Monitoring increase in COVID-19 cases at CMU
Dear students, friends and colleagues,
As anticipated, we have seen a significant increase in the number of positive cases of COVID-19 within our campus community. Due to the high transmissibility of the omicron variant, this increase was expected and, although the spike in numbers is unsettling, we are prepared to manage the associated risks.
This week, we have reported 112 new cases within the CMU community, just under 1% of our total campus population. As cases increase, however, so do the number of individuals choosing to receive vaccinations and/or boosters. Our campus community has an overall vaccination rate above 80%
at present, with new individuals choosing to receive their vaccines
and booster doses through our campus clinics.
Walk-in clinics are offered in the Bovee University Center next week on Jan. 18 and 25, by appointment at the Finch Fieldhouse clinic Jan. 28 and Feb. 25
, and by appointment at University Health Services by calling 989-774-6599.
CMU will continue to offer in-person instruction
Since the pandemic began, our goal has been the same: Remain open and operational to continue our vital educational mission while protecting the health and safety of our students, faculty and staff. Like many of our peer institutions in Michigan and beyond, we carefully weighed the option to transition to remote instruction. Nationwide, institutions that chose to return in person and institutions that opted for remote instruction have seen significant spikes; the virus appears to be pervasive regardless of the teaching and learning modality. We know we will continue to see increases on our campus over the next few weeks as well.
After discussing the benefits and drawbacks of this option and considering the feedback we have received through phone calls, emails, social media, and petitions representing a wide range of preferences and expertise, we have decided to continue in-person instruction at this time.
We know not everyone agrees with this choice, and that is understandable. We are a diverse community of individuals representing a variety of perspectives and expectations. We hold a wide range of beliefs and opinions, and our stakeholders include not only students, faculty and staff, but also community partners, employers, local and state leaders, and more. As a public institution of higher education, we are responsible to them all, and we take this responsibility very seriously.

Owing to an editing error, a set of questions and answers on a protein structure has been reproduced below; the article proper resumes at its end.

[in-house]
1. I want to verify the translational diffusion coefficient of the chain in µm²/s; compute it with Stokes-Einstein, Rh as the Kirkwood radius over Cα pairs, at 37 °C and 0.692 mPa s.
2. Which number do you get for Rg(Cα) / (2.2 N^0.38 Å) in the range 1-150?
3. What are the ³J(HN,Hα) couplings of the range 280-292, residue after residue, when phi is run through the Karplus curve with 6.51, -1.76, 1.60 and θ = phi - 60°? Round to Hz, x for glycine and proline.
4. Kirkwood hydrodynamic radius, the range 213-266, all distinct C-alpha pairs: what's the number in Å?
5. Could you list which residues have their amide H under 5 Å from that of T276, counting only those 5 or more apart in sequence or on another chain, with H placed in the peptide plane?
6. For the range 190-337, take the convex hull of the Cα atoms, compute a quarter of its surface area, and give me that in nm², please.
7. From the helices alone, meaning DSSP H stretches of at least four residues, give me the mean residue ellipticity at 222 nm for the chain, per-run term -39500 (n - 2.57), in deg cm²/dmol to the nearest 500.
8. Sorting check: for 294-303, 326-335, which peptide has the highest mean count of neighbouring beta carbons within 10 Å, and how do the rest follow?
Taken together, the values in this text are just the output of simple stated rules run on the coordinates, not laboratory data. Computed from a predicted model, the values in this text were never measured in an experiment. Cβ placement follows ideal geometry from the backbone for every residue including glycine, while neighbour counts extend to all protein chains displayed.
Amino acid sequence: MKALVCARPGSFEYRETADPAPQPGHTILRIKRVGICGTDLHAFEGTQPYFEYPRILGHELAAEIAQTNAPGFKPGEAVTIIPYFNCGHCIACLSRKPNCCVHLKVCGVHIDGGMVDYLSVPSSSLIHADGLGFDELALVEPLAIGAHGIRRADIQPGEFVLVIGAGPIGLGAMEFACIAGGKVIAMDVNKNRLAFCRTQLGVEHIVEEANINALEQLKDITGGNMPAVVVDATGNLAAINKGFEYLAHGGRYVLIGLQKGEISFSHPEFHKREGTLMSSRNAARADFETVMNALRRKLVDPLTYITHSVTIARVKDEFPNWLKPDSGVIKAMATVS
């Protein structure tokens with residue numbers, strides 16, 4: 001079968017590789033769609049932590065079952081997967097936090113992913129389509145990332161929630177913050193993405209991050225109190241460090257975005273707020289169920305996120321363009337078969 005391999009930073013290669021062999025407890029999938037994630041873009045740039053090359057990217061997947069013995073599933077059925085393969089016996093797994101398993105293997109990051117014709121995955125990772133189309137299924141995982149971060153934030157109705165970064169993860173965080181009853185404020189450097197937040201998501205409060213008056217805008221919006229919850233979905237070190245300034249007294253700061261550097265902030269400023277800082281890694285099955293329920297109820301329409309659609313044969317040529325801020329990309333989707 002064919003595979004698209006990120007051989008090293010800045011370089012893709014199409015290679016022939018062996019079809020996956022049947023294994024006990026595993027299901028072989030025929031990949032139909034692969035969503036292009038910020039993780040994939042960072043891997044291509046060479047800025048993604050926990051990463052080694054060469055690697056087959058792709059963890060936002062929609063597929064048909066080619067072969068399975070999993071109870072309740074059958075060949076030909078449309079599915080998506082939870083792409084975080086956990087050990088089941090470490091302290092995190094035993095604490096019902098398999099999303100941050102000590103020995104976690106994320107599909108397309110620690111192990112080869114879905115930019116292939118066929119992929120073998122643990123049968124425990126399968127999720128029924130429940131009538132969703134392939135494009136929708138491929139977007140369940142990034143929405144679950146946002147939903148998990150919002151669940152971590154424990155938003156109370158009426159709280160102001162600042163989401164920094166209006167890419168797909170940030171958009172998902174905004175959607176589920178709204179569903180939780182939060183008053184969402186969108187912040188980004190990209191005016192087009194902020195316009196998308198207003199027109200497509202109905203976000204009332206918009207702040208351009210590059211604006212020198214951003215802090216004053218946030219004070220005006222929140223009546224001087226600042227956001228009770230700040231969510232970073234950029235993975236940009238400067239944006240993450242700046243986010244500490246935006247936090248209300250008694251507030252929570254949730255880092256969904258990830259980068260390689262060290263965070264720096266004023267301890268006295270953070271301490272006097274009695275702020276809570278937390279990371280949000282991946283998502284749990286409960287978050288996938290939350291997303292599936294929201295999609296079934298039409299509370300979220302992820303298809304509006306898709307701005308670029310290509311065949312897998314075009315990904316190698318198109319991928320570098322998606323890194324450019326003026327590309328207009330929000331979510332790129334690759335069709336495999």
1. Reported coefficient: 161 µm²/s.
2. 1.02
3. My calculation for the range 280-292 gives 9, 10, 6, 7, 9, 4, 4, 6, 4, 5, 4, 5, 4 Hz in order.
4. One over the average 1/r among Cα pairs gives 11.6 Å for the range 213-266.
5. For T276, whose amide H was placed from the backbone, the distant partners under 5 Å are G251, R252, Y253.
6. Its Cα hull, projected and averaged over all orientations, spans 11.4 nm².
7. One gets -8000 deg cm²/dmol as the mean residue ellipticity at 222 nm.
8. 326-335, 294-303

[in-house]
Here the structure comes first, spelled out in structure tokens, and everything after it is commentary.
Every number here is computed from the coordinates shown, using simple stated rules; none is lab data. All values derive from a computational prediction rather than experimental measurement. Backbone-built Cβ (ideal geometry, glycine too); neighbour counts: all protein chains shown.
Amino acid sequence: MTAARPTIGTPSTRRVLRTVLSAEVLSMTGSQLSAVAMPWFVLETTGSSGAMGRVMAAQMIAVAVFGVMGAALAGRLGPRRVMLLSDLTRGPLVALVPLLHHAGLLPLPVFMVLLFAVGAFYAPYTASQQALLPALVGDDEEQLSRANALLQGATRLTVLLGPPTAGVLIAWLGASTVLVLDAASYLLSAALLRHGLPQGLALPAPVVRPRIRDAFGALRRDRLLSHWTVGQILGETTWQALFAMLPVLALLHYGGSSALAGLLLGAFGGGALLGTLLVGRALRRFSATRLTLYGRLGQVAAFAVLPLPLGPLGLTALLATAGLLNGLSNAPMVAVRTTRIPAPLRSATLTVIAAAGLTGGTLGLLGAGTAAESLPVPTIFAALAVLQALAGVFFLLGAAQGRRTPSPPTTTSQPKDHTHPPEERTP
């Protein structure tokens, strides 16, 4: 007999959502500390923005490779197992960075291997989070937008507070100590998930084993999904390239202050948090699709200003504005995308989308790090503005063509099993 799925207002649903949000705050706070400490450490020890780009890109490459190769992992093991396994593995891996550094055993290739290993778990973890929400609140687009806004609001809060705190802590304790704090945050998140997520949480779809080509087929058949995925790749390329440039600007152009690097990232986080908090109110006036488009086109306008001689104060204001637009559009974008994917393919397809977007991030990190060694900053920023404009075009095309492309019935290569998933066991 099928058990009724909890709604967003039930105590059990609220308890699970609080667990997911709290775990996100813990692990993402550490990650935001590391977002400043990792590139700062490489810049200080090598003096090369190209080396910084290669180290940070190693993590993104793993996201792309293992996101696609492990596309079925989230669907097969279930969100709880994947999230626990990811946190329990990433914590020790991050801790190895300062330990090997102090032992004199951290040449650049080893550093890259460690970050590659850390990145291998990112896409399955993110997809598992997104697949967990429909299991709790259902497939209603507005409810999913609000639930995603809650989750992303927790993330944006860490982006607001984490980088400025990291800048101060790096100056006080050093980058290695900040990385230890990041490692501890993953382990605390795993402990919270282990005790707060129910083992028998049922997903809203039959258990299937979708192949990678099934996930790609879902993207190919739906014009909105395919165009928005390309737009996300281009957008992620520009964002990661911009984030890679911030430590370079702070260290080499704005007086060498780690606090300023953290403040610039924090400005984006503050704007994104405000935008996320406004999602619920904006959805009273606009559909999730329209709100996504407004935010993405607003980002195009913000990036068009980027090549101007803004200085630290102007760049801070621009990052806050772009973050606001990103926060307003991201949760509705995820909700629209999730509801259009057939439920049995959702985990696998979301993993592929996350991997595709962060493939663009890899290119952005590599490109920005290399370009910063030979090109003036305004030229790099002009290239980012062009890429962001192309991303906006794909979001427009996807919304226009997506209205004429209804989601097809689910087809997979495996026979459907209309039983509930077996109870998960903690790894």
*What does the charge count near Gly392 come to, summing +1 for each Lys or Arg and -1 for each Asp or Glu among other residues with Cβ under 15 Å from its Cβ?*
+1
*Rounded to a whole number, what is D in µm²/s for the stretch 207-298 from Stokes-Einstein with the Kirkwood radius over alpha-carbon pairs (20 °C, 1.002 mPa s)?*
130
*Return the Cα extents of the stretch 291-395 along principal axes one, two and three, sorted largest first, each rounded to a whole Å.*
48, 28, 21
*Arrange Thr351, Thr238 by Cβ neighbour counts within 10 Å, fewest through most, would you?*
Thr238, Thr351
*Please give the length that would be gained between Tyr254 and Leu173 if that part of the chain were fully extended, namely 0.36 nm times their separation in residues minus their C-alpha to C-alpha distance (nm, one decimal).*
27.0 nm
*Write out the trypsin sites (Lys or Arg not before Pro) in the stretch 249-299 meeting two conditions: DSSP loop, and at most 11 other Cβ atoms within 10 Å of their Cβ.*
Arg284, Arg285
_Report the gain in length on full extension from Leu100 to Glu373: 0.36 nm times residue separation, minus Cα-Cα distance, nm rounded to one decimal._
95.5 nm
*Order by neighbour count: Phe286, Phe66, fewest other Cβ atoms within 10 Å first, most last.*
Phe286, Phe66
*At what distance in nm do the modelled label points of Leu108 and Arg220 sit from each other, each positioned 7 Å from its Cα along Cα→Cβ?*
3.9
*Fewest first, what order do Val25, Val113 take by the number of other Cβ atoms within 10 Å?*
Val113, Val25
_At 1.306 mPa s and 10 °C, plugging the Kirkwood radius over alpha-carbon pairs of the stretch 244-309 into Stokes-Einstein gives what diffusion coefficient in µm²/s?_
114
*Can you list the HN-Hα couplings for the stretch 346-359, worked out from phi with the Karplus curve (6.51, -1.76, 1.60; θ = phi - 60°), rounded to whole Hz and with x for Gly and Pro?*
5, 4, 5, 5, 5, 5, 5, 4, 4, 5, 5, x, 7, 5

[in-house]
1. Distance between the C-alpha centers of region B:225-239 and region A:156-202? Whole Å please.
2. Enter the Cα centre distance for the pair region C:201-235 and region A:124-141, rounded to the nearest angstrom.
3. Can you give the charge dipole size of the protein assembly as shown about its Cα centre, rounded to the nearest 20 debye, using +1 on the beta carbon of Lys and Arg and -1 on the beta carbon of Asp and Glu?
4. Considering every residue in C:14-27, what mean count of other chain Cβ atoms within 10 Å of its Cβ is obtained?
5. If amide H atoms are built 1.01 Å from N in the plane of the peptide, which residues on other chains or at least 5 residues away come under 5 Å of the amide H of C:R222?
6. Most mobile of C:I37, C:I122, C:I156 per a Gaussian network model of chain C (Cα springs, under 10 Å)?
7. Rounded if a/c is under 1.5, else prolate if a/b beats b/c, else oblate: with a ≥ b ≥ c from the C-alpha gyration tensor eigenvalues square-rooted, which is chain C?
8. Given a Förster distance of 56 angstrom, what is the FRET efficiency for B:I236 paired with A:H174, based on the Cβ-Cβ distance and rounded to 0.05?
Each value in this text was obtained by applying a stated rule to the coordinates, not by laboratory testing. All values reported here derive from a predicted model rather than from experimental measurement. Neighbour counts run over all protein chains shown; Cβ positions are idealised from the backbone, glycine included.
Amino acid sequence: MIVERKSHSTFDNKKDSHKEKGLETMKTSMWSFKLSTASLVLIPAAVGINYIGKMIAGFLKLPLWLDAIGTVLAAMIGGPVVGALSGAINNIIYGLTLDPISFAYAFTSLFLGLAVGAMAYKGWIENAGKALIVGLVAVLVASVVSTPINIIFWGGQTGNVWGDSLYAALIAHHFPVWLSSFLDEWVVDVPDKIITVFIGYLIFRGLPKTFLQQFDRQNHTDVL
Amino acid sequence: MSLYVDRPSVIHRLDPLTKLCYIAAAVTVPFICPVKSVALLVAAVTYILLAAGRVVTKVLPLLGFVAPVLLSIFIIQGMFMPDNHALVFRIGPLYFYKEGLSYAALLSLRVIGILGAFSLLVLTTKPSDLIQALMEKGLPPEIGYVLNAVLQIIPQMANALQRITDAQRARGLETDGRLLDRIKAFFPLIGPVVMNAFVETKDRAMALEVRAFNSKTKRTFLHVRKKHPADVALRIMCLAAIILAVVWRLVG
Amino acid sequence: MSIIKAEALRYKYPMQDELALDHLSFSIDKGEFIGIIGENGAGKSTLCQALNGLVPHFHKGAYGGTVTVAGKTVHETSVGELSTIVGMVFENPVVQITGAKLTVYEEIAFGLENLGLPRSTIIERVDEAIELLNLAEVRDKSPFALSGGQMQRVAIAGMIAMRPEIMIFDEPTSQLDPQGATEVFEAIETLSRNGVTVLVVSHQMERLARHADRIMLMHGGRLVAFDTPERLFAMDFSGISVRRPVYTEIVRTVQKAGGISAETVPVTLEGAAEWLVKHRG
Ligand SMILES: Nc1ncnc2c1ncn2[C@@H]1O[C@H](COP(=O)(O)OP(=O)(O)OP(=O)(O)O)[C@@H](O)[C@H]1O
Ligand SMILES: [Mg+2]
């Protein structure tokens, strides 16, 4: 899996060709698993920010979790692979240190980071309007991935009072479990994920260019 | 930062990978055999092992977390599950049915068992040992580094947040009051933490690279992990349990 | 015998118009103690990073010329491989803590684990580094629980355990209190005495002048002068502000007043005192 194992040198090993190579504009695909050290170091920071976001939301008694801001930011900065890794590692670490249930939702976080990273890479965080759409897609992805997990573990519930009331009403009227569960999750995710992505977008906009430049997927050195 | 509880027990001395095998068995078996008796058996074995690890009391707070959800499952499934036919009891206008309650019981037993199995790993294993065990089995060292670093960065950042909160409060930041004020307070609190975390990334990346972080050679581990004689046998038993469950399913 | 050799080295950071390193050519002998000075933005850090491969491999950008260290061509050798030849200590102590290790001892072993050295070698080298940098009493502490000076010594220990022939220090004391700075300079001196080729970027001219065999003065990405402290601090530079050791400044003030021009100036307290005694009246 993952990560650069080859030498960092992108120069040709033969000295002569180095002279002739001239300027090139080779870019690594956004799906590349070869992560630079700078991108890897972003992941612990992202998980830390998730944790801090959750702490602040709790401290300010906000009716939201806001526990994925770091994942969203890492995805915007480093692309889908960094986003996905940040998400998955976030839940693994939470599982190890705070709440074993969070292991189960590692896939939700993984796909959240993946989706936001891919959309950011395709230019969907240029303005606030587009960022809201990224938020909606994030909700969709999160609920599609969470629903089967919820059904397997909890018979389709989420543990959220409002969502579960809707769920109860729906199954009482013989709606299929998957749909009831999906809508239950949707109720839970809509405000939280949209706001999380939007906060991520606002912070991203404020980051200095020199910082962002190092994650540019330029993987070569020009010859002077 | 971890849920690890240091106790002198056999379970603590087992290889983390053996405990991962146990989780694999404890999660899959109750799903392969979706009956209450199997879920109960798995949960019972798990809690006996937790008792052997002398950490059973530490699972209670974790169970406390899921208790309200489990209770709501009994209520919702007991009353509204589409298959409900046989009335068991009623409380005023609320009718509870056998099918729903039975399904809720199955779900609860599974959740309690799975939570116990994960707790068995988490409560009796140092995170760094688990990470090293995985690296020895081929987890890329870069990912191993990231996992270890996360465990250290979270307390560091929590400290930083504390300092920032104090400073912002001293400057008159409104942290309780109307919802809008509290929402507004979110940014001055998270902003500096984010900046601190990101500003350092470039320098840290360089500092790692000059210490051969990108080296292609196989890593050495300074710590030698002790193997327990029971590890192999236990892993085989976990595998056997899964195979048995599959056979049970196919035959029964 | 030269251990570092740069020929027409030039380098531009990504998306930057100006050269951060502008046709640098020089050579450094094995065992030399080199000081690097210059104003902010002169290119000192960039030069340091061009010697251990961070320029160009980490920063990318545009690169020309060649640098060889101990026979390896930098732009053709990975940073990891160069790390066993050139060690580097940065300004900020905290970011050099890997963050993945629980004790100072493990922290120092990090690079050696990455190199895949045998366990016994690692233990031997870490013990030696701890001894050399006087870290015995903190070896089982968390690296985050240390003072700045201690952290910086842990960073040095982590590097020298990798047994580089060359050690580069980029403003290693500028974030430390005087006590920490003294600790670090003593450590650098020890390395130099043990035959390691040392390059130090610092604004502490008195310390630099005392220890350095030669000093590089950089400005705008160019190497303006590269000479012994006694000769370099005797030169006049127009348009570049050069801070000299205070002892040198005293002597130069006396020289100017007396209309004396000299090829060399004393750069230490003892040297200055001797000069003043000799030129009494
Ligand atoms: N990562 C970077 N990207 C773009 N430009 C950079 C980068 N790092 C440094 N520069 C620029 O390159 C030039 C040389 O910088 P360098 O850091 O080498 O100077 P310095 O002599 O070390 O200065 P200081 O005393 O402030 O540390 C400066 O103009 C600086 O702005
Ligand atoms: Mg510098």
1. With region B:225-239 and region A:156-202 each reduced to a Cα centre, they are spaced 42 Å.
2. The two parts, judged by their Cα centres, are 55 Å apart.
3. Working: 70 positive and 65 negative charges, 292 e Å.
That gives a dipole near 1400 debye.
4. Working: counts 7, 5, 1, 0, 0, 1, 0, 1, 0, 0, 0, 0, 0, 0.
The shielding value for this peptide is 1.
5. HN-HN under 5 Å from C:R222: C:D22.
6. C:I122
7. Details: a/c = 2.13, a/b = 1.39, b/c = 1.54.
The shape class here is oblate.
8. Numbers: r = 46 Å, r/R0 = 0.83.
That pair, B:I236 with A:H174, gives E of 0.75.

As we have done since March 2020, university leaders will continue to monitor the virus trends on our campus and in our local community, assessing our circumstances using a variety of data points. These include, but are not limited to, the number of new cases and active cases, percentage of total population, capacity of isolation and quarantine facilities, and status of health care providers in the area. We will follow the most current guidance from local, state and national health leaders, and we will keep abreast of best practices and research. And, as we do so, we will continue to keep our university community informed if changes are necessary.
Be vigilant and take precautions
COVID-19 and its variants have been part of our lives for nearly two years, and we are well-acquainted with the health and safety practices that minimize virus spread. Each of us bears responsibility to protect ourselves and others by:
- Staying home when we are sick, have symptoms of COVID-19 or test positive for the virus.
- Getting vaccinated (including the vaccine booster) or participating in weekly testing.
- Wearing masks in most indoor locations.
- Using the health screen app/website every day we are on campus.
These tried-and-true practices cannot fully prevent virus transmission, but they can significantly reduce our risk of exposure and the risk of infecting others. Remember, too, that vaccines and boosters offer the strongest protection against serious illness. If you have not yet received your vaccine and/or booster, please consider doing so now.
As we anticipate cases will continue to rise over the next few weeks, we are making minor adjustments to our plans for in-person events, including MLK week activities. We still expect to be able to offer engaging experiences for students, faculty and staff — be on the lookout for updates in the days ahead.
Be flexible, adaptable and kind
We all are impacted by the ongoing pandemic and will likely encounter some inconveniences and frustrations as a result. In stressful times, it is vitally important to treat ourselves and others with compassion and understanding. For example, we ask:
- Faculty to work with students who have to miss classes due to illness or required isolation/quarantine.
- Students to be understanding when faculty and staff members are impacted by the virus, resulting in disruptions to classes or delays in services.
- Staff to accommodate students, faculty and colleagues whose availability, priorities and timelines may shift as a result of COVID-related issues.
And we ask everyone to be patient and kind to one another. This continues to be a difficult time, but we will continue to persevere. After all, we are a community that lifts each other up. We treat others as we wish to be treated, and we offer everyone — including ourselves — a little extra grace and understanding.
Once again, our university community is navigating a challenging situation, and we all are experiencing increased stress. Thank you for continuing to work hard to move our community forward, and for all you do to support one another.